The panel discussion moderator Mr. Yusuf Kiranda a Programme for Africa Leadership fellow at the London School of Economics and Political Science then took discussion to the audience whose input raised issues such as; politics and its ideals as a cause of chaos, misinterpretation of religious laws, empowering institutions to enforce laws, when religious groups claim responsibility for unlawful acts, poverty as a cause of radicalization and many others. Dr. Paddy Musana, Department of Religious & Peace Studies, CHUSS commenting as a student of New Religious Movements in particular observed that every new form religious manifestation is as a result of cultural changes. “We in our fallen nature tend to emphasize our differences and not our commonalities and as long as we feel threatened, we construct a new identity to protect our interests” he said. Dr. Musana stressed that Uganda as a nation has a reason to celebrate 16th November; the UNESCO International Day for Tolerance, owing to the diversity which is even manifests itself in the composition of our extended families.
In more responses that followed, Dr. Nkurunziza urged the audience to look up and read MUASA Chairperson-Dr. Muhammad Kiggundu Musoke’s PhD thesis entitled “International Islamic Fundamentalism: A Case Study of Uganda”. He said that this thesis would help all parties present further expound on the discourse on multidenominational societies and radicalization. He thereafter urged the audience to embrace Ubuntu-African Humanism; which is Africa’s contribution to globalization.
Mr. Ndebesa noted that education can go a long way to de-radicalize societies, taking the example of Europe where the age of enlightenment played a great role in stopping religious killings, establishing tolerance and critical thinking. He further proposed that every student in Makerere should pursue a course in critical thinking.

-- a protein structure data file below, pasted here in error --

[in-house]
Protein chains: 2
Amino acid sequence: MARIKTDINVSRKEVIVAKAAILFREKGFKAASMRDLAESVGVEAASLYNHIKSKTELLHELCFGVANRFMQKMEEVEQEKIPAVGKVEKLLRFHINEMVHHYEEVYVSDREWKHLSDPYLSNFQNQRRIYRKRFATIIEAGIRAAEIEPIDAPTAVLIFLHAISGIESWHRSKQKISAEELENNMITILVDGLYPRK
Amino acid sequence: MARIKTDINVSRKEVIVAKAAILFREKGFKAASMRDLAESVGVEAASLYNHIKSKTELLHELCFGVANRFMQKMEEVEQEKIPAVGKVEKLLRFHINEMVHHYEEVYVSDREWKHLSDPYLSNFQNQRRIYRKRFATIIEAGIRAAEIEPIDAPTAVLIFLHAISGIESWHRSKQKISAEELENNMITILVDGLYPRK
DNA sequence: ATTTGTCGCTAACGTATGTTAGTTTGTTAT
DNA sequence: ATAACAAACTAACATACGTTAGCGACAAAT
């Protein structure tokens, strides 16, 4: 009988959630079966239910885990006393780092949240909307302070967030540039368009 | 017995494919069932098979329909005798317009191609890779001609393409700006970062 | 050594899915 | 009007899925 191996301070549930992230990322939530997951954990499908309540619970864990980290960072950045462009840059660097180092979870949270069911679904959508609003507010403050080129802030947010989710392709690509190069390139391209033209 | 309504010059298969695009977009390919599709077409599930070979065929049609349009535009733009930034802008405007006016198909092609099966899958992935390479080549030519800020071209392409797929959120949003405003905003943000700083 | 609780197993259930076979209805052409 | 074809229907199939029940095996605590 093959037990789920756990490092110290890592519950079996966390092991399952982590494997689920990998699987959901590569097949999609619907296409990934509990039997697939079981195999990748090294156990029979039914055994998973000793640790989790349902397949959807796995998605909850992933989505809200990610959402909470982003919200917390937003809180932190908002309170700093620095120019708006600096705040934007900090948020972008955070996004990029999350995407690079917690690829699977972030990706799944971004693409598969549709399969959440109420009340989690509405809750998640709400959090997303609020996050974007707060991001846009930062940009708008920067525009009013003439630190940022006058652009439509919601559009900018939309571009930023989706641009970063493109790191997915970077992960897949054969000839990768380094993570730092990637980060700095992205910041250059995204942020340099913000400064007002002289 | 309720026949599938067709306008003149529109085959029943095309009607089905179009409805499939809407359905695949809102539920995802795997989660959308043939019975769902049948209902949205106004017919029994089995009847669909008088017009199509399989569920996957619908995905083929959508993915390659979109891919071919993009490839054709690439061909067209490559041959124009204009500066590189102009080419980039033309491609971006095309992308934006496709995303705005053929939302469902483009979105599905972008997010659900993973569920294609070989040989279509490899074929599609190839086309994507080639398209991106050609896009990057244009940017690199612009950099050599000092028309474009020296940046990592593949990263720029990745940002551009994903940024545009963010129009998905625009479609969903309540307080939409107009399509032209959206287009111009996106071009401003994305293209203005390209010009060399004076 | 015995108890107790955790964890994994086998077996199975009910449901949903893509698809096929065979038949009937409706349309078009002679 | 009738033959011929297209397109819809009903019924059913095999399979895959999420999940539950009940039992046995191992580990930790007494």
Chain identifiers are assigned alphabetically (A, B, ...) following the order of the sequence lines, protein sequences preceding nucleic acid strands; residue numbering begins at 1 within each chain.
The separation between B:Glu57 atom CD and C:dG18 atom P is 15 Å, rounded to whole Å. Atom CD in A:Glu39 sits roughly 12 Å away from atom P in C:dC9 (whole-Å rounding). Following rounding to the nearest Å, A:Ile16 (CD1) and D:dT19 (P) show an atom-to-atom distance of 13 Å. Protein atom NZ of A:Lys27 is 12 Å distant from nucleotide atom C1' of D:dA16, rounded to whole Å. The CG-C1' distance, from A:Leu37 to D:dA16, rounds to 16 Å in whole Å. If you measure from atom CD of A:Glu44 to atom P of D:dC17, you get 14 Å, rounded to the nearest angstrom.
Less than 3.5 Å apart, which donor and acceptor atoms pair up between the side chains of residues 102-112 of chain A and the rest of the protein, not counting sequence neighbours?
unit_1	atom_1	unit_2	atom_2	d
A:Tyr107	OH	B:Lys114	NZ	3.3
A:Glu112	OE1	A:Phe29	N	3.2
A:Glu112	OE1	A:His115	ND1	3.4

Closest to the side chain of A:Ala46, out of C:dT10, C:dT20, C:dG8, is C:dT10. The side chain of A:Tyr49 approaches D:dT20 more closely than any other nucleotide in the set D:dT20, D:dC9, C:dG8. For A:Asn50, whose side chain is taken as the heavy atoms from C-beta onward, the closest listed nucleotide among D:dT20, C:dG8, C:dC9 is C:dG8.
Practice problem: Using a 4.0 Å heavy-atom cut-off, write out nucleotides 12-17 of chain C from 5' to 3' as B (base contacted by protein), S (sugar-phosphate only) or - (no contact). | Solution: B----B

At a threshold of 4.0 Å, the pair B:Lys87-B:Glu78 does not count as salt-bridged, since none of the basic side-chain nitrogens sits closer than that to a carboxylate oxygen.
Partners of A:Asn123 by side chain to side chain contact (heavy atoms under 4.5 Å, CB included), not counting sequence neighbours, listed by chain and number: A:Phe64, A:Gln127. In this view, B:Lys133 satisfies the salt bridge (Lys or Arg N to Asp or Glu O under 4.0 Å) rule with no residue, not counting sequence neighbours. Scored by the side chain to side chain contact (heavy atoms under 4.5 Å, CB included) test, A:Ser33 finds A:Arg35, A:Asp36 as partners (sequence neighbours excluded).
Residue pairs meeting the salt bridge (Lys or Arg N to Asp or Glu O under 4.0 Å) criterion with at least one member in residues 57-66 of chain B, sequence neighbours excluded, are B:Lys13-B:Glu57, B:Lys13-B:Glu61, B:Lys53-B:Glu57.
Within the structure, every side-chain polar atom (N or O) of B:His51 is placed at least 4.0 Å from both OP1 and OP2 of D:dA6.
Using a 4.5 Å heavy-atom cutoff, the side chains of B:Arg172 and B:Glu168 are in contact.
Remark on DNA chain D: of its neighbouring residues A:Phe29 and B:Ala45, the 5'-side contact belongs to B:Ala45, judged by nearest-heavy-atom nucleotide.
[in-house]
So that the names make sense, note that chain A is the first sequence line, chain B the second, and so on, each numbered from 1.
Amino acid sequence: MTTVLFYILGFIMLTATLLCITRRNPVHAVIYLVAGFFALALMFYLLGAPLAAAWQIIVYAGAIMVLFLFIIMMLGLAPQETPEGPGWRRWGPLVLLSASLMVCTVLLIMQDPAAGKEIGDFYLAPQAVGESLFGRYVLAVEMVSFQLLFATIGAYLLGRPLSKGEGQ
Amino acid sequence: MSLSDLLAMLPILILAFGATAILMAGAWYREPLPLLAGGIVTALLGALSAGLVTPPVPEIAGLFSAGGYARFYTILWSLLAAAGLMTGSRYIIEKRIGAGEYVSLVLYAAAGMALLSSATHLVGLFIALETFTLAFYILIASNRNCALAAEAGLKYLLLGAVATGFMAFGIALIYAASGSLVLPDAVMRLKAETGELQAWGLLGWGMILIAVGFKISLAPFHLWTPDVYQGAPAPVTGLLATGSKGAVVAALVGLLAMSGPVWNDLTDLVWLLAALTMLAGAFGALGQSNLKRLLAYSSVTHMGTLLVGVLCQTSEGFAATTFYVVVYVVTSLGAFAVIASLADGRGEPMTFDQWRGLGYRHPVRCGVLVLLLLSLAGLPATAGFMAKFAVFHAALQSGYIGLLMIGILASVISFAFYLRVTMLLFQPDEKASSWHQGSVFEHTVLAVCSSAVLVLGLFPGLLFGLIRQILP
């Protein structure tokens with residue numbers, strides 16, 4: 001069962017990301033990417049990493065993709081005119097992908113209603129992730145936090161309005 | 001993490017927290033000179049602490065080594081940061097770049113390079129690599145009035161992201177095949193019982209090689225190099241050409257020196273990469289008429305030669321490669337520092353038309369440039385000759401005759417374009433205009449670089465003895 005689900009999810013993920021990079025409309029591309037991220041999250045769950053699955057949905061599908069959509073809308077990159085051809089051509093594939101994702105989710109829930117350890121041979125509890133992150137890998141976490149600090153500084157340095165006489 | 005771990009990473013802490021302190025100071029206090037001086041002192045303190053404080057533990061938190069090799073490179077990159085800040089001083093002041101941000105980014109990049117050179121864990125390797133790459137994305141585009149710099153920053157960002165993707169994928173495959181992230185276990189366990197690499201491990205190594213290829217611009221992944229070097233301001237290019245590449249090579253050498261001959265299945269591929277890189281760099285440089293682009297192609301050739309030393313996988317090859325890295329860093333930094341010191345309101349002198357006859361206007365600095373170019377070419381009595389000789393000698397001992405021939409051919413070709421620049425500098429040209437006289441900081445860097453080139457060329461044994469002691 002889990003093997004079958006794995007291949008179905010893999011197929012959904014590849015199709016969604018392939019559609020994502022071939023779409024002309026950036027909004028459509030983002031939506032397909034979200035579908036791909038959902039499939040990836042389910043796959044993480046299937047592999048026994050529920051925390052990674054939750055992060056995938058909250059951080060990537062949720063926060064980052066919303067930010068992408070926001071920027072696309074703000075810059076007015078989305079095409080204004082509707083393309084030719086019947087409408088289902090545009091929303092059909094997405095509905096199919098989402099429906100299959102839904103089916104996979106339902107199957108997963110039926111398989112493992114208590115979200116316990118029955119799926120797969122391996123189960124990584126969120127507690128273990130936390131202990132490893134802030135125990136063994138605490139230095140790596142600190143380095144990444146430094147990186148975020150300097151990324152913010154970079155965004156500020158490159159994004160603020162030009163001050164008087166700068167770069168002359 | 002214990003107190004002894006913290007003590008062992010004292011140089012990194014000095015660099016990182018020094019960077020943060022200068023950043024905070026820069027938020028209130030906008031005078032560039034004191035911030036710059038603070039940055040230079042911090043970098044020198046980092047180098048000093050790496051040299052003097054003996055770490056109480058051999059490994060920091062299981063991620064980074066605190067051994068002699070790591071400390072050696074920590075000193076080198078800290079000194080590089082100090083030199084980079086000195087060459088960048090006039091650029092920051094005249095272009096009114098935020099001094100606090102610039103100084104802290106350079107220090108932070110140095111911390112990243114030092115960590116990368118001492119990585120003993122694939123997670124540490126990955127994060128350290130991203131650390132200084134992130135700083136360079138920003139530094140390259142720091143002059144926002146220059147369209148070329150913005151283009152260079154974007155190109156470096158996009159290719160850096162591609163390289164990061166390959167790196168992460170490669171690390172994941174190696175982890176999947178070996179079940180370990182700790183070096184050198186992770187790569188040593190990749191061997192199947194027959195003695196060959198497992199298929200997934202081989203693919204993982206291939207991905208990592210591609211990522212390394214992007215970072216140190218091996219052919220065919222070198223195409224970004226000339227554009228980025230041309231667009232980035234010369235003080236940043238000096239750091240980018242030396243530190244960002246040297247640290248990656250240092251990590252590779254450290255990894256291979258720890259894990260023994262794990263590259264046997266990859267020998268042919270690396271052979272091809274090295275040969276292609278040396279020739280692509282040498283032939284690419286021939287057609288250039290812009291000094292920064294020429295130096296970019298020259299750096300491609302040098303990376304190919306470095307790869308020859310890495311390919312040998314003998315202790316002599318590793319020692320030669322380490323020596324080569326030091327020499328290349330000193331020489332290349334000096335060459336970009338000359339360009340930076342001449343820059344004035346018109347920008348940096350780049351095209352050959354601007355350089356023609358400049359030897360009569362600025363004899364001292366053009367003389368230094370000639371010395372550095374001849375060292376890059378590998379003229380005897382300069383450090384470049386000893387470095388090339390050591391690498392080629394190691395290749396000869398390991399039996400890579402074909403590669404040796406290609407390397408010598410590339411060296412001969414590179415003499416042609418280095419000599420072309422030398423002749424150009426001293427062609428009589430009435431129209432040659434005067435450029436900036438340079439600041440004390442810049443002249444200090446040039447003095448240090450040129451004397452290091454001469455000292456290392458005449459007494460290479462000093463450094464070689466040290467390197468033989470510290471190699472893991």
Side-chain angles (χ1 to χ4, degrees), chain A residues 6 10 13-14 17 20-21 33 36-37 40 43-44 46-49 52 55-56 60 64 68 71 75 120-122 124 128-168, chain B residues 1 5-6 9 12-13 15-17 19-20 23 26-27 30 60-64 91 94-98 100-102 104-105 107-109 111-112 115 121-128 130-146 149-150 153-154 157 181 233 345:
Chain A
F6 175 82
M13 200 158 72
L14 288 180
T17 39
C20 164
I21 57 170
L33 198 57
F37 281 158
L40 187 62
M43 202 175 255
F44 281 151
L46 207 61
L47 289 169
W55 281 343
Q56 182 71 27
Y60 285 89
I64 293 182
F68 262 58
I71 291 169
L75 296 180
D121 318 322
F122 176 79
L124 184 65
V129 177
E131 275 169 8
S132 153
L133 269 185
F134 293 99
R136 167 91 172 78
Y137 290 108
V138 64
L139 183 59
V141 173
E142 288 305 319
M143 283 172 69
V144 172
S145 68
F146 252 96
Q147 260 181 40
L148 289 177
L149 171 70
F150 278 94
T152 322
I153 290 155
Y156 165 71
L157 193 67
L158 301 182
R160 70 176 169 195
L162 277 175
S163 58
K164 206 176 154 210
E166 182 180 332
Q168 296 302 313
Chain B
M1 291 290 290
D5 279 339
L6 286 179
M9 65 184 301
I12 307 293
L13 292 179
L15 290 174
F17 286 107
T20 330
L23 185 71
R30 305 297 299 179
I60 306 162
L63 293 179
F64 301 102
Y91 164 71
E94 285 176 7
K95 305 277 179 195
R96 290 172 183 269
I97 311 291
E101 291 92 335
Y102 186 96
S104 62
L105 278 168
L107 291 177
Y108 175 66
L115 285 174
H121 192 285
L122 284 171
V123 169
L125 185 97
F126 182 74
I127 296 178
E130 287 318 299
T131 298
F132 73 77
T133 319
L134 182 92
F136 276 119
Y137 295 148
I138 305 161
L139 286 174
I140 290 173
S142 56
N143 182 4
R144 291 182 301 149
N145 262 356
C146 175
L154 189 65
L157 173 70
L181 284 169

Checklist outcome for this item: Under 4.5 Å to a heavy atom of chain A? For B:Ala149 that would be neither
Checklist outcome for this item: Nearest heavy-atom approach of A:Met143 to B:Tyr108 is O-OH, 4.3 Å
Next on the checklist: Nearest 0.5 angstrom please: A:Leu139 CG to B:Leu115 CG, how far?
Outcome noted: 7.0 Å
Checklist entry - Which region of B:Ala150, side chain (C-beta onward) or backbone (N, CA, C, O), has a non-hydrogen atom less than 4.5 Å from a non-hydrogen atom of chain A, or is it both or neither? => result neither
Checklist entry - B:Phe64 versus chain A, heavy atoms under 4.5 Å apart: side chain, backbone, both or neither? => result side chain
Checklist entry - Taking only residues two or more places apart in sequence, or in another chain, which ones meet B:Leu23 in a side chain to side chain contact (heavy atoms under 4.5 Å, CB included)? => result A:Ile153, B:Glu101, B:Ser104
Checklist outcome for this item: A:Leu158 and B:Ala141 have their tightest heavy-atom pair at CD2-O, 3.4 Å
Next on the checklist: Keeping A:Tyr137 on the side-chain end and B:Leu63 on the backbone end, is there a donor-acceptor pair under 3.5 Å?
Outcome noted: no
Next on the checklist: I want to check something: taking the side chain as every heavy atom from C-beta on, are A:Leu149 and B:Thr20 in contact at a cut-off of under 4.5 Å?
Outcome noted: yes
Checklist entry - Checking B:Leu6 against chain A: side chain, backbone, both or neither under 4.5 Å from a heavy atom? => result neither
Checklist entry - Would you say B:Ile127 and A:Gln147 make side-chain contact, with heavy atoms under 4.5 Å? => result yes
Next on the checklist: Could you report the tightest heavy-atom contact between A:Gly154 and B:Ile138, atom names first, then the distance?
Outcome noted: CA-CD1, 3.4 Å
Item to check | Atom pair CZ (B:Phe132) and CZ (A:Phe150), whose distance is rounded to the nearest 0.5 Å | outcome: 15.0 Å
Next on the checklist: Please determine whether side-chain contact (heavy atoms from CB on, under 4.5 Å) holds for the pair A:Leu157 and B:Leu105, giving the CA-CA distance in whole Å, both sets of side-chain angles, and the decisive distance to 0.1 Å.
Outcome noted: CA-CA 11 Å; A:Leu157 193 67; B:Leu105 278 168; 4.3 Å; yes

Dr. Ssali on the other hand urged participants to desist from looking at the enemy as external and care for each other as Ugandans. She further noted that intolerances always arise when economic resources reduce and that structural adjustment programmes that were meant to rebuild societies and people have only ended up fracturing them.
Immam Kasozi in response to some of the questions on poverty chose to define it as a lack of ideas, association and relationship. He urged participants to appreciate their unity in diversity as Ugandans and not to only identify Ugandans or non-Ugandans based on distinctive attributes. He further urged leaders to stop hate campaigns and avoid selfishness and mistrust.
This public dialogue organized by UNIFOG and KAS whose Executive Secretary-Mr. Bruce Kabaasa and Programme Officer Ms. Maike Messerschmidt respectively gave opening remarks was indeed a step in the right direction in as far as preaching the message on tolerance and demystifying radicalization in Uganda are concerned. The take home message Learn to treat everyone with dignity and respect for our diversity is our strength was indeed resounding and a good note on which to start the next dialogue.
Article by Public Relations Office.
Rotary International President visits Mak
Rotary International President Shekhar Mehta has appreciated Makerere University for supporting and carrying forward the newly introduced programme aimed at advancing peace on the African Continent. Launched in January 2020, the Rotary Peace Centre at Makerere University runs a postgraduate diploma programme in Peace-building and Conflict Transformation. The hands-on program entails coursework that addresses topics including human rights, governance, and the role of the media in conflict. Other studies focus on refugees and migration, as well as resource and identity-based conflicts.